For those who believe that a 4-inch barrel is just the right length in a self-defense gun, Springfield Armory’s new XD-S 4.0 in .45 ACP is a great choice that builds upon the XD line’s reputation for quality.

XD Mod.2 Series (written by Dennis Adler)

Springfield Armory isn’t resting on its laurels of XD success. No, sir. This year Springfield invites shooters to get into the GripZone with the new XD Mod.2 subcompact series available in 9mm, .40 S&W and .45 ACP. These new handguns offer refined contours, a new grip-to-hand interface and the superb front and rear sights developed for the company’s latest .45 ACP and 9mm XD-S models.

Based on the 3-inch-barreled XD Sub-Compact, the new Mod.2 gives you an outstanding combination of the proven 3-inch barrel length with features from the latest XD-S 9mm. In outward appearance the Mod.2 sports a new contour to the polymer frame, changing how the frame integrates with a new slide design. It is a more refined pistol that is easier to handle, has slightly leaner dimensions and is faster to get on target.

At the heart of the Mod.2 is a new multi-surface grip texturing boldly molded into the grip strap. It is called the GripZone, and it is literally embossed into the side panels. The new design has varying surface textures, a concept based around the dynamics of the human hand. The three-quarter panel, where the palm swell and the first joints of the fingers wrap around the grip, is the most aggressively textured for a firm, tactile hold. The front and rear surfaces are the second most aggressively textured where the palm and the insides of the fingers grasp the pistol. Combined, the front, rear and three-quarter panels make the Mod.2 less prone to movement during recoil. Additionally, the Mod.2 triggerguard is rounded at the front like the new XD-S models, rather than squared off like earlier XD versions.

The new, more rounded and slightly narrower slide boasts several improvements, including new rear serrations, which Springfield calls the “Posi-Wedge Slide Serrations.” This deeply recessed design with five grooves helps reduce the chance for slippage when racking the slide. The single most import feature of the new slide design, however, comes from replacing the original white-dot sights with the latest XD-S’ red fiber-optic front sight and combat-style white-dot rear. This combo on the Mod.2 makes the pistol faster to get on target under varying lighting conditions and extends the sight radius by 0.5 inches.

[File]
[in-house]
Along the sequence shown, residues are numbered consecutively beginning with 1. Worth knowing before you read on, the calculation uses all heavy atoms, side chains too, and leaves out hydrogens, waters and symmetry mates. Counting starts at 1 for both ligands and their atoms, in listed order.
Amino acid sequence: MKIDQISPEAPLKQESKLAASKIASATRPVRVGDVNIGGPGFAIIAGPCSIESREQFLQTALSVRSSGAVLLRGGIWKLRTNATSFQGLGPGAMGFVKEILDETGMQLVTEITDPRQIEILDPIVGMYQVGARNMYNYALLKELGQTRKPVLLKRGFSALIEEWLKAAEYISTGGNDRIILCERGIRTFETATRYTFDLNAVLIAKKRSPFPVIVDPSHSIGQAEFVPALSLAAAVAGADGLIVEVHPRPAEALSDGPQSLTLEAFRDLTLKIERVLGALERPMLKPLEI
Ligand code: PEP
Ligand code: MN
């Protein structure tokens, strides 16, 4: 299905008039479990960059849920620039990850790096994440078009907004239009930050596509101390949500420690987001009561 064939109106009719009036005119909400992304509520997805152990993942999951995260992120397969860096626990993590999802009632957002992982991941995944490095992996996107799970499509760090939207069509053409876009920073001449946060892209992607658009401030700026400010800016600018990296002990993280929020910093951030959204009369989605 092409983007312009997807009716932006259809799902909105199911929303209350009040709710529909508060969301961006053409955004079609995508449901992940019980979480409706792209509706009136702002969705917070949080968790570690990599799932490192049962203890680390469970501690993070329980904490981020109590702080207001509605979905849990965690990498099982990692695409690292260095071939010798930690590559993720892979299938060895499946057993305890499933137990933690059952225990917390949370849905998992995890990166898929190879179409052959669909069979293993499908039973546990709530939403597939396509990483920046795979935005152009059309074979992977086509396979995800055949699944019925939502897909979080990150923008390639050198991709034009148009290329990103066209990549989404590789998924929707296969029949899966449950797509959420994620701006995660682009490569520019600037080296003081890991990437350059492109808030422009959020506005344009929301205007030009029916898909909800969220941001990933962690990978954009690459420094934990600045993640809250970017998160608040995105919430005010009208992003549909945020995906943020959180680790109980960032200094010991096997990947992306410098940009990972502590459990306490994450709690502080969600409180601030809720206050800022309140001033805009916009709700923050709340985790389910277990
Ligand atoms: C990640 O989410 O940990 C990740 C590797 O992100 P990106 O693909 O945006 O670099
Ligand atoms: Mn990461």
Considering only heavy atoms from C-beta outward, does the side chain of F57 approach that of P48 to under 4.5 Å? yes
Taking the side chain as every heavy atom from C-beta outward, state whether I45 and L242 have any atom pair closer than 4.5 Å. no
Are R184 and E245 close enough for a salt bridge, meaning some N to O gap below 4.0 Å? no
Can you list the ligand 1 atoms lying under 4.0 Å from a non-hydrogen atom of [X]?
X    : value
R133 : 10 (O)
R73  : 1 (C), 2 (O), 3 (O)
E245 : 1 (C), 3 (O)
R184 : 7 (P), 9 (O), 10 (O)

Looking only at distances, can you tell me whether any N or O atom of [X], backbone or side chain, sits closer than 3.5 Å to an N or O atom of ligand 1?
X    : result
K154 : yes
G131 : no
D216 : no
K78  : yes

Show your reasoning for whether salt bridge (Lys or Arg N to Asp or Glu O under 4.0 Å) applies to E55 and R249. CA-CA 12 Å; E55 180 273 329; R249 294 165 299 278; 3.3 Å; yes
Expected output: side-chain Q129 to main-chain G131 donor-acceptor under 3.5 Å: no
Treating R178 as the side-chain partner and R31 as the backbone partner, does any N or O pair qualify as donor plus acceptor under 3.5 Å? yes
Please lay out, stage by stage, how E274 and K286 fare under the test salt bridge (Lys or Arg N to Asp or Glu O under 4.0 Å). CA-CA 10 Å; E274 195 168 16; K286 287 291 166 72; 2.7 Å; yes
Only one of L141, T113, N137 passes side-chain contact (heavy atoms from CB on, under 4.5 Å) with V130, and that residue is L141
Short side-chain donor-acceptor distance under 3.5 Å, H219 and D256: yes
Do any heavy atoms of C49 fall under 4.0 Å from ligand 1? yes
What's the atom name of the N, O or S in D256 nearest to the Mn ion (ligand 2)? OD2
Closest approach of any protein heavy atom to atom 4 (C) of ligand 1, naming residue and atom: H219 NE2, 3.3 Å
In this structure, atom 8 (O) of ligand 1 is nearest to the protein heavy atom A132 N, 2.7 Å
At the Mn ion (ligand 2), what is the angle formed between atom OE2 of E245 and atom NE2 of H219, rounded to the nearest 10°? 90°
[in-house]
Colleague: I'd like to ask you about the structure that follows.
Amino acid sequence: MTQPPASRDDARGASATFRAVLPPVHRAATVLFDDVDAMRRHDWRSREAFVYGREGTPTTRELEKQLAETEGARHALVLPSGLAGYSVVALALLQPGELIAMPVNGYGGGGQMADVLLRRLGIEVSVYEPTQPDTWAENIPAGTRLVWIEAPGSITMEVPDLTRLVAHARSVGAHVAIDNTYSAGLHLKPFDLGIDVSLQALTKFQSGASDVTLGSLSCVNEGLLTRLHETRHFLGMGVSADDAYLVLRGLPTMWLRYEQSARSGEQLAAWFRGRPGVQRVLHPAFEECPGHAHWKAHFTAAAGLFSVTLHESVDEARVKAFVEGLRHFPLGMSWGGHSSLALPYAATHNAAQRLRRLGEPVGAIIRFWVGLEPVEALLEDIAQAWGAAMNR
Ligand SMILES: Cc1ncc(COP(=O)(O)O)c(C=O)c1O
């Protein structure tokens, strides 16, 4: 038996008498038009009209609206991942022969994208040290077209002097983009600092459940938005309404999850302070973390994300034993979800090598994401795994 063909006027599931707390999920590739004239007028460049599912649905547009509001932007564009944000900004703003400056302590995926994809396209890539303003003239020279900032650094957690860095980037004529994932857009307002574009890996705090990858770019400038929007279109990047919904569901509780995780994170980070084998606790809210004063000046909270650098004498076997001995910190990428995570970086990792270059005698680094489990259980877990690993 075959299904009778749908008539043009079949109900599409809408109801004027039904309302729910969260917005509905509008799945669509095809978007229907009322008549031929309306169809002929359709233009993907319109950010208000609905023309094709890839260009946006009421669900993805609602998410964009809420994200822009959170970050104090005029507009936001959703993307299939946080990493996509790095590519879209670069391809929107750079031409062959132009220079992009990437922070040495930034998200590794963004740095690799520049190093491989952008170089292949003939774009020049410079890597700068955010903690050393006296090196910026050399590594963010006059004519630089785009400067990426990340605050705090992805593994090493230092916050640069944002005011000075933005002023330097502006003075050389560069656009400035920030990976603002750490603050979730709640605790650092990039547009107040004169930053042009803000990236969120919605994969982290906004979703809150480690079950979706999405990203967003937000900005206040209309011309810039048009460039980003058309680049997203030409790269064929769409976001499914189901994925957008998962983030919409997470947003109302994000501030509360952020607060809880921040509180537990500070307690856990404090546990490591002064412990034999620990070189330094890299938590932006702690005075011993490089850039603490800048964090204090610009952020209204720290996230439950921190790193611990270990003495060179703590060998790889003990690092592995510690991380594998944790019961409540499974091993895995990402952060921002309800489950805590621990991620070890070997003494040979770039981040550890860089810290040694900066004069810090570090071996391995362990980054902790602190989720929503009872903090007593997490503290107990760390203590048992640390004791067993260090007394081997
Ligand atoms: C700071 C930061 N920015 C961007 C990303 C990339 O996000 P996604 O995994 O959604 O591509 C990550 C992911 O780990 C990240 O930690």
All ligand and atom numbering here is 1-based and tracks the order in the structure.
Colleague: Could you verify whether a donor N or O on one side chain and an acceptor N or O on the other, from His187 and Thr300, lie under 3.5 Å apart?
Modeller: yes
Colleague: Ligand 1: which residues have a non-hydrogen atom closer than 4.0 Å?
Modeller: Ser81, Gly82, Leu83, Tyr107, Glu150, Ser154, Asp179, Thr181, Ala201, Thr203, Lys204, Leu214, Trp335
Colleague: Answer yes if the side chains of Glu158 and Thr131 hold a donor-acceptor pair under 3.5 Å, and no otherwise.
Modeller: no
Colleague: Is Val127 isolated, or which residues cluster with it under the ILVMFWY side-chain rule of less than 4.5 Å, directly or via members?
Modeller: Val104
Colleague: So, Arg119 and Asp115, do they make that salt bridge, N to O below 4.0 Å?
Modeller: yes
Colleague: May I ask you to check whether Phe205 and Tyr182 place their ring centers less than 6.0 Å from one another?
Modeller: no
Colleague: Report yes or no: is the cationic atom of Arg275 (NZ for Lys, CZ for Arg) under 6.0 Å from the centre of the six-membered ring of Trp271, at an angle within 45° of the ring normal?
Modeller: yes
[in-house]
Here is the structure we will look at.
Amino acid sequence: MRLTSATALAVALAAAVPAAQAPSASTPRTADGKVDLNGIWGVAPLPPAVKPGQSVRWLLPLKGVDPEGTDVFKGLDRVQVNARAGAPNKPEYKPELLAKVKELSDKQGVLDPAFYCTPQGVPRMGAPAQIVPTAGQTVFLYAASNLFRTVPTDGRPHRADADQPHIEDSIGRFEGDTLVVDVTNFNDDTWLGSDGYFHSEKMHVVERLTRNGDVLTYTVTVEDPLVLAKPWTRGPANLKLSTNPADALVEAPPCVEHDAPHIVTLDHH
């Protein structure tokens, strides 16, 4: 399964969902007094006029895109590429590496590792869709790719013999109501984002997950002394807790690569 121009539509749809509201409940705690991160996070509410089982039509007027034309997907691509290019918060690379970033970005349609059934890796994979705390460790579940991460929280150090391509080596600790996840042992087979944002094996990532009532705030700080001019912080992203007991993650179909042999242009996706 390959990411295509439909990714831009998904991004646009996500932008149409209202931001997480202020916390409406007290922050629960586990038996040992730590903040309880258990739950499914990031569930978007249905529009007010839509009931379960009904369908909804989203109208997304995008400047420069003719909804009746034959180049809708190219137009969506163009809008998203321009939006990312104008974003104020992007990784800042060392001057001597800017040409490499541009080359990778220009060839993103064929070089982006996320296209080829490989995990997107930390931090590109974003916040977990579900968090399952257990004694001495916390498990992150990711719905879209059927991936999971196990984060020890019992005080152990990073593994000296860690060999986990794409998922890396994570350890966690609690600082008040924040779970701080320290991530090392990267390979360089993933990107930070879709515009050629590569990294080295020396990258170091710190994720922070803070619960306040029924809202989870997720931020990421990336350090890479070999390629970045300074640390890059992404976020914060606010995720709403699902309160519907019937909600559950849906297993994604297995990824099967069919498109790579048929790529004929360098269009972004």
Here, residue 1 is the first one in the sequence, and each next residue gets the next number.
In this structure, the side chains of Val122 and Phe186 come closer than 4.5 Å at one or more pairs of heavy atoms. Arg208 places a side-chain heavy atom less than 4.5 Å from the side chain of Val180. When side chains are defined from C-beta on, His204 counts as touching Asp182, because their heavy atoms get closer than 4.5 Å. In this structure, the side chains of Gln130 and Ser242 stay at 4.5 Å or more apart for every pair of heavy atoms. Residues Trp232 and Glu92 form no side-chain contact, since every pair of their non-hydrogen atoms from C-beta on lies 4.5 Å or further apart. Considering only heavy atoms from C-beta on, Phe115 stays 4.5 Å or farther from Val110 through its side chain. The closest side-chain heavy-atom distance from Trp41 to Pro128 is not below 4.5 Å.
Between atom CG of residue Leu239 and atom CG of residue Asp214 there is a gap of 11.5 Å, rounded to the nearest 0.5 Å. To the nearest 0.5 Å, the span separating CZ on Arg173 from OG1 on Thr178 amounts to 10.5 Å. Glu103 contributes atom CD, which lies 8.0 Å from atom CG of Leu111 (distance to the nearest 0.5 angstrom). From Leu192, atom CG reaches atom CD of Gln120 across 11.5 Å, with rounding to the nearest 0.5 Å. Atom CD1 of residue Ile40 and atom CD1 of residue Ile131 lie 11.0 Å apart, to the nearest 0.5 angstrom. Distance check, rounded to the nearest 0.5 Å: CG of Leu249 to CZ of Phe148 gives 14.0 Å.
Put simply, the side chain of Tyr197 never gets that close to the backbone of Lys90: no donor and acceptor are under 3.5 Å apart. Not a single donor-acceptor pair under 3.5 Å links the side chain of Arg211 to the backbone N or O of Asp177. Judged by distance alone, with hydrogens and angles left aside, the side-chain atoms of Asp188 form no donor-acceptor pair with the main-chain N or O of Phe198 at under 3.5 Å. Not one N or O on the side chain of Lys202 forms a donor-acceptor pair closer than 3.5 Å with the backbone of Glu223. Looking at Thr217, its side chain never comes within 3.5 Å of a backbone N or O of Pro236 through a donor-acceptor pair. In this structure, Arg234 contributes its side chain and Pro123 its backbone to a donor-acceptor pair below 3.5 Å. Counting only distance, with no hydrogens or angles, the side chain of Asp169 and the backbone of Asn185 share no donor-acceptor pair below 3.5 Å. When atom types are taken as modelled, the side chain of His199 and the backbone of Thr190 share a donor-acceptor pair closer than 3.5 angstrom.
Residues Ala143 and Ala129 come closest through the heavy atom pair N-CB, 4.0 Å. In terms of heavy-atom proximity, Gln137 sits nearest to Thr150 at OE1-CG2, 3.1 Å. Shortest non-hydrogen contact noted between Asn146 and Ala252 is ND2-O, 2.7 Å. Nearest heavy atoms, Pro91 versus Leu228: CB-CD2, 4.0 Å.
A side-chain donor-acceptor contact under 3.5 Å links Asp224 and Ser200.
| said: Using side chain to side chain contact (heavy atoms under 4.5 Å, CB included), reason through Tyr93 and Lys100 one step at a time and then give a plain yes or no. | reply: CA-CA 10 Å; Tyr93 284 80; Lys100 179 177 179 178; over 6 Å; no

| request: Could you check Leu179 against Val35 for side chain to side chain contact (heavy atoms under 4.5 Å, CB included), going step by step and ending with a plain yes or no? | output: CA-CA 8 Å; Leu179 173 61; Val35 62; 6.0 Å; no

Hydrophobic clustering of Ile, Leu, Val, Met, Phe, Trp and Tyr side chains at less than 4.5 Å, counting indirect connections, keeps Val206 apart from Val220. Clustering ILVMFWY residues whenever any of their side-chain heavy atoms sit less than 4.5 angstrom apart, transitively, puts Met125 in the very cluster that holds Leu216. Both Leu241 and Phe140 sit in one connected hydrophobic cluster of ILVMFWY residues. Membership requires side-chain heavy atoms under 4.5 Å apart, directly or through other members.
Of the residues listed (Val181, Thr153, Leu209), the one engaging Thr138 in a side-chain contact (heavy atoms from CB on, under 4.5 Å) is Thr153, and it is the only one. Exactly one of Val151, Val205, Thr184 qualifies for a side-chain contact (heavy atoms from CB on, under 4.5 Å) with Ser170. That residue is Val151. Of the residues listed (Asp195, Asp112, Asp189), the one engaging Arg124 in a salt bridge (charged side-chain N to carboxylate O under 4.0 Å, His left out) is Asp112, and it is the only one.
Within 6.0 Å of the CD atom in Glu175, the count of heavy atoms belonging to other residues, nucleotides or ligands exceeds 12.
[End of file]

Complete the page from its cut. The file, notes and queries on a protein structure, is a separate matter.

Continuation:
Tipping the scale at 26 ounces unloaded, the 9mm XD Mod.2 measures 6.25 inches in length, 4.75 inches in height from the base of the magazine to the top of the low-profile combat rear sight, and 1.19 inches in width. In short, it is a pretty small gun for a 14-round 9mm. Springfield also offers an extended-capacity magazine for the Mod.2 that adds another three rounds for a 16+1 capacity and a longer grip (with the magazine’s X-Tension), which increases the height to 5.5 inches. There will also be Mod.2s chambered in .40 S&W and .45 ACP with 9+1 standard capacities and extended mags with 12+1 and 13+1 capacities, respectively.

With the XD’s grip angle, high beavertail and grip safety working in concert with Springfield’s Ultra Safety Assurance (USA) trigger safety, the Mod.2 takes nothing away from the previous XD Sub-Compact design but adds features that bring this established Springfield model up to par with the latest XD-S series. To see me wringing out the new 9mm Mod.2 on the range, visit

Range Officer Compact (Written by Doug Larson)

Many who just love the 1911 can’t be talked into using any other handgun, but they will consider a smaller version of Browning’s classic design. Now Springfield Armory has taken its successful full-sized Range Officer and shrunk it down to make the Range Officer Compact. Built with precision shooting in mind, it has a forged frame and slide as well as a National Match stainless steel bull barrel—all precision fit.

Springfield then tosses in a low-profile combat rear sight and a fiber-optic front sight for increased visibility and enhanced sight acquisition. The gun also comes with an extended beavertail grip safety, a flat mainspring housing and a beveled magazine well. Although the full-sized Range Officer was designed for competition, this compact, 4-inch-barreled 1911, with its six-round magazine, could be a good choice for officers looking for a dependable backup option, especially because it’s chambered for the .45 ACP.

For more information, visit or call 800-680-6866.